# Where does the energy go?

## Main Question or Discussion Point

Energy cannot disappear as we all know, but then I wonder: If we put force to an object and make it go at a high speed, and then put force to it to make it go back to a halt. Where did the energy go? We used force at acceleration and deceleration, but we only got a change in position for the object. Surely the energy is not lost. (of course we cannot retrieve the energy by forcing the object back in its initial position)

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cristo
Staff Emeritus
but we only got a change in position for the object.
What do you mean by this? Remember that acceleration is a vector quantity, and also that v=0 does not imply a=0, and so in your case you have a change in acceleration.

When you make something to go at a high speed, you give it some kinetic energy. When you try to stop it, the energy normally turns into heat, another type of energy.

cristo, what I meant was the we accelerate the object and then decelerate it to a complete halt, so it has no change in velocity at the end. A change in acceleration is a good explanation of transformation of energy to me, if we only accelerated it once, but then decelerating it (accelerating) til stop again, I don't see where the energy has gone.

haiha: So it must turn to some sort of energy, for example heat you say?

Doc Al
Mentor
Accelerating an object can add KE or remove KE, depending upon the direction of the acceleration compared to the velocity of the object. (It can even leave the KE unchanged, if the accelerating force remains perpendicular to the velocity--like something twirled in a circle.)

Of course, if you add or remove KE, that energy must come (or go) from somewhere.

HallsofIvy
Homework Helper
You did work on the object when accelerating it. The object did work on you when decelerating it.

Think of it this way: compress a spring, doing work to store potential energy in the spring. Now use that spring to accelerate your object.

Quickly run around in front of the object, place your spring in front of it and use the spring to slow it. Ignoring resistance or any kind of friction, the kinetic energy in the object will be exactly enough to compress the spring back to where it was before. If you don't like the idea of "running around in front of the object", imagine two different but identical springs. Same thing happens. Net result, you did work to compress a spring initially, and now you are back in that same situation. No energy change.

Energy cannot disappear as we all know, but then I wonder: If we put force to an object and make it go at a high speed, and then put force to it to make it go back to a halt. Where did the energy go? We used force at acceleration and deceleration, but we only got a change in position for the object. Surely the energy is not lost. (of course we cannot retrieve the energy by forcing the object back in its initial position)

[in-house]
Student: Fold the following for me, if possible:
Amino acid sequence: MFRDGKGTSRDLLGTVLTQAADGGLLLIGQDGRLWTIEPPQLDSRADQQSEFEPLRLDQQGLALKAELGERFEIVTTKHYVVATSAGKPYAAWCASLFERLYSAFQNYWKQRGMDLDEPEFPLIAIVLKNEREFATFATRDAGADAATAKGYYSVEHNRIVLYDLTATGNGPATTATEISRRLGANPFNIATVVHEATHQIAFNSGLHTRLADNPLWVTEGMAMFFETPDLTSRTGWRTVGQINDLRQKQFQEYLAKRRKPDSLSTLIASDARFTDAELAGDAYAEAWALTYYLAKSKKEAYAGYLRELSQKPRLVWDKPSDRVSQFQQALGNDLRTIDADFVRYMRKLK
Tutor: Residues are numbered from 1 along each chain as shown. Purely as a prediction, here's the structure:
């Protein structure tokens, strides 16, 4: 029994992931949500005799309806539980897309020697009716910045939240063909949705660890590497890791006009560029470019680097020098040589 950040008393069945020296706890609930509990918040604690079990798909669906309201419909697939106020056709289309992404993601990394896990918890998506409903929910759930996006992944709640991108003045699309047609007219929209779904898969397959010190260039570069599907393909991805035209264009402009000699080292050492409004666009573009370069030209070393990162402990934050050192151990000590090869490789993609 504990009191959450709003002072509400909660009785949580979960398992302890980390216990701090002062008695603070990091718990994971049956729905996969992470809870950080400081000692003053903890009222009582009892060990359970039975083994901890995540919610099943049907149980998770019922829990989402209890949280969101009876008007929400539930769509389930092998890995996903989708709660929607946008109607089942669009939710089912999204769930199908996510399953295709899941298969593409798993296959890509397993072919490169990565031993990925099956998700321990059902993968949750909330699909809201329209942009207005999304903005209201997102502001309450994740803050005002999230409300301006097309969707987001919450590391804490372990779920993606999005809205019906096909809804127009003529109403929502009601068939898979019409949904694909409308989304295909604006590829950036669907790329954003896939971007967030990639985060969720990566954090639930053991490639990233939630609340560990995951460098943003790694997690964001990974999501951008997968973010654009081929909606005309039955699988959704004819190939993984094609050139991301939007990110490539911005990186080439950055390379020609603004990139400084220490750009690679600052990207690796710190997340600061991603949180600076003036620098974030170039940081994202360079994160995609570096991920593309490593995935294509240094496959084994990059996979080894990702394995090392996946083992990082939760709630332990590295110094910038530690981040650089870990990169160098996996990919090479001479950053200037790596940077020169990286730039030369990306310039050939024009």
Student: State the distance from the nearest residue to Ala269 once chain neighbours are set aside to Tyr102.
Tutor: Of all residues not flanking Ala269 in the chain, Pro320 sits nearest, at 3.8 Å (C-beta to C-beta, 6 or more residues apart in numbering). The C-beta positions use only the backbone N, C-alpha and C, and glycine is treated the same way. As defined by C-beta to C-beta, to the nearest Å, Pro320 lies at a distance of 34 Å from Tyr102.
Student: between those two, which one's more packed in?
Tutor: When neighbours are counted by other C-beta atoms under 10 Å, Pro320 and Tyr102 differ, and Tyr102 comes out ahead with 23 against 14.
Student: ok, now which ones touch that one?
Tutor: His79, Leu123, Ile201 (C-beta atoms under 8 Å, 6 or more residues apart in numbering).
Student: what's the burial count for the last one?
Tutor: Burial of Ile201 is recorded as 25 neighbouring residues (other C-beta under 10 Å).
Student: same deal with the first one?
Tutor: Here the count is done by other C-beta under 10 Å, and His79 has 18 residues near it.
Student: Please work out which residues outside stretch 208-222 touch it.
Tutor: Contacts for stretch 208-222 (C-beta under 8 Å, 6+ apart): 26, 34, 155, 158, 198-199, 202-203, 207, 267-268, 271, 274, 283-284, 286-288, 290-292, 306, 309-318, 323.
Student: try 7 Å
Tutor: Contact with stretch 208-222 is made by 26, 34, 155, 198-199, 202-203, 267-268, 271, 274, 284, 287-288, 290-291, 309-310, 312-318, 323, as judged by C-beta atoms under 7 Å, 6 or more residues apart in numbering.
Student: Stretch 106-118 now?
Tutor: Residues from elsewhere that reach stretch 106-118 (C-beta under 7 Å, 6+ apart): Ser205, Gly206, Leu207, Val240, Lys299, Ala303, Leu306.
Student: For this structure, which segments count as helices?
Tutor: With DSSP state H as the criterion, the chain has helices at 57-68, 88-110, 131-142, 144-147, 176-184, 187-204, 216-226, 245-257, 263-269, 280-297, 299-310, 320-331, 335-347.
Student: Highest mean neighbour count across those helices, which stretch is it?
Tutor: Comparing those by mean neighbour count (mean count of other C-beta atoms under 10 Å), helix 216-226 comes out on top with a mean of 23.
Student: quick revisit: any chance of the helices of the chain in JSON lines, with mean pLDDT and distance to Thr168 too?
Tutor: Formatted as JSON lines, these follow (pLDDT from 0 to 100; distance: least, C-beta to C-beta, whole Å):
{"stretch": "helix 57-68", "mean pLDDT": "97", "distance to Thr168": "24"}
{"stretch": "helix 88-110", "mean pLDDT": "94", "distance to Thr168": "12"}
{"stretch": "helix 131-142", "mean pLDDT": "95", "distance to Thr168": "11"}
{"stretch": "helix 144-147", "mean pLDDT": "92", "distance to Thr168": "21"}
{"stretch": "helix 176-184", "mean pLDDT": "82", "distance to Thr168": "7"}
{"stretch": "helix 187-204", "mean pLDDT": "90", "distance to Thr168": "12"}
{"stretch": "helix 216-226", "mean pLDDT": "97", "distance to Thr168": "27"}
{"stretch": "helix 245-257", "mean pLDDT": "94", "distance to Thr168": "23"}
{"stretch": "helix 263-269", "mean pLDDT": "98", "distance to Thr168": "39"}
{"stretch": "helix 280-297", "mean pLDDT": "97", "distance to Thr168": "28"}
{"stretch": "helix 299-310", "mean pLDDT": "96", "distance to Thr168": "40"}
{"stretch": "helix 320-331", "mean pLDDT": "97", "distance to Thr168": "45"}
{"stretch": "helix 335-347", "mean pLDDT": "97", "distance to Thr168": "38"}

The answer here is that the kinetic energy you put into the object was later transformed either into potential energy somewhere else, or into heat. For example, if you use a spring to stop the object, the kinetic energy from the formerly moving object will be transformed into spring kinetic energy. Or if you stop an object by friction (or some other non-conservative force), then the kinetic energy will be lost to friction. I could give slightly different answers based on the mechanism used to stop the object, but this is the basic idea.

You did work on the object when accelerating it. The object did work on you when decelerating it.
So it's actually just a wrong perspective of seeing it from the beginning. I see it now. Does momentum count as energy, or more particulary: Is momentum kinetic energy?

Yes and no. They are not the same thing. However, you may notice that momentum "p" is the derivative of kinetic energy with respect to velocity:

$$$\begin{array}{l} E_k = {\textstyle{1 \over 2}}mv^2 \\ p = mv \\ \end{array}$$$

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I see, thanks.

russ_watters
Mentor
Also, if you give something (like a car) a push, then run around to the other side of it and stop it, you'll expend roughly the same amount of energy stopping it as you did in starting it moving, since your muscles aren't springs.

In Hurkyl's example with the springs, the end result looks exactly like a mirror image of the initial setup and you're back to zero as if nothing had happened. In an example with a person, you've converted a lot of chemical energy to heat.

And to meet the two in the middle, if you use the car's engines to proved the push then the brakes to provide the stopping, it works exactly the same from an energy standpoint as if all the engine's initial energy input had been turned directly to heat.

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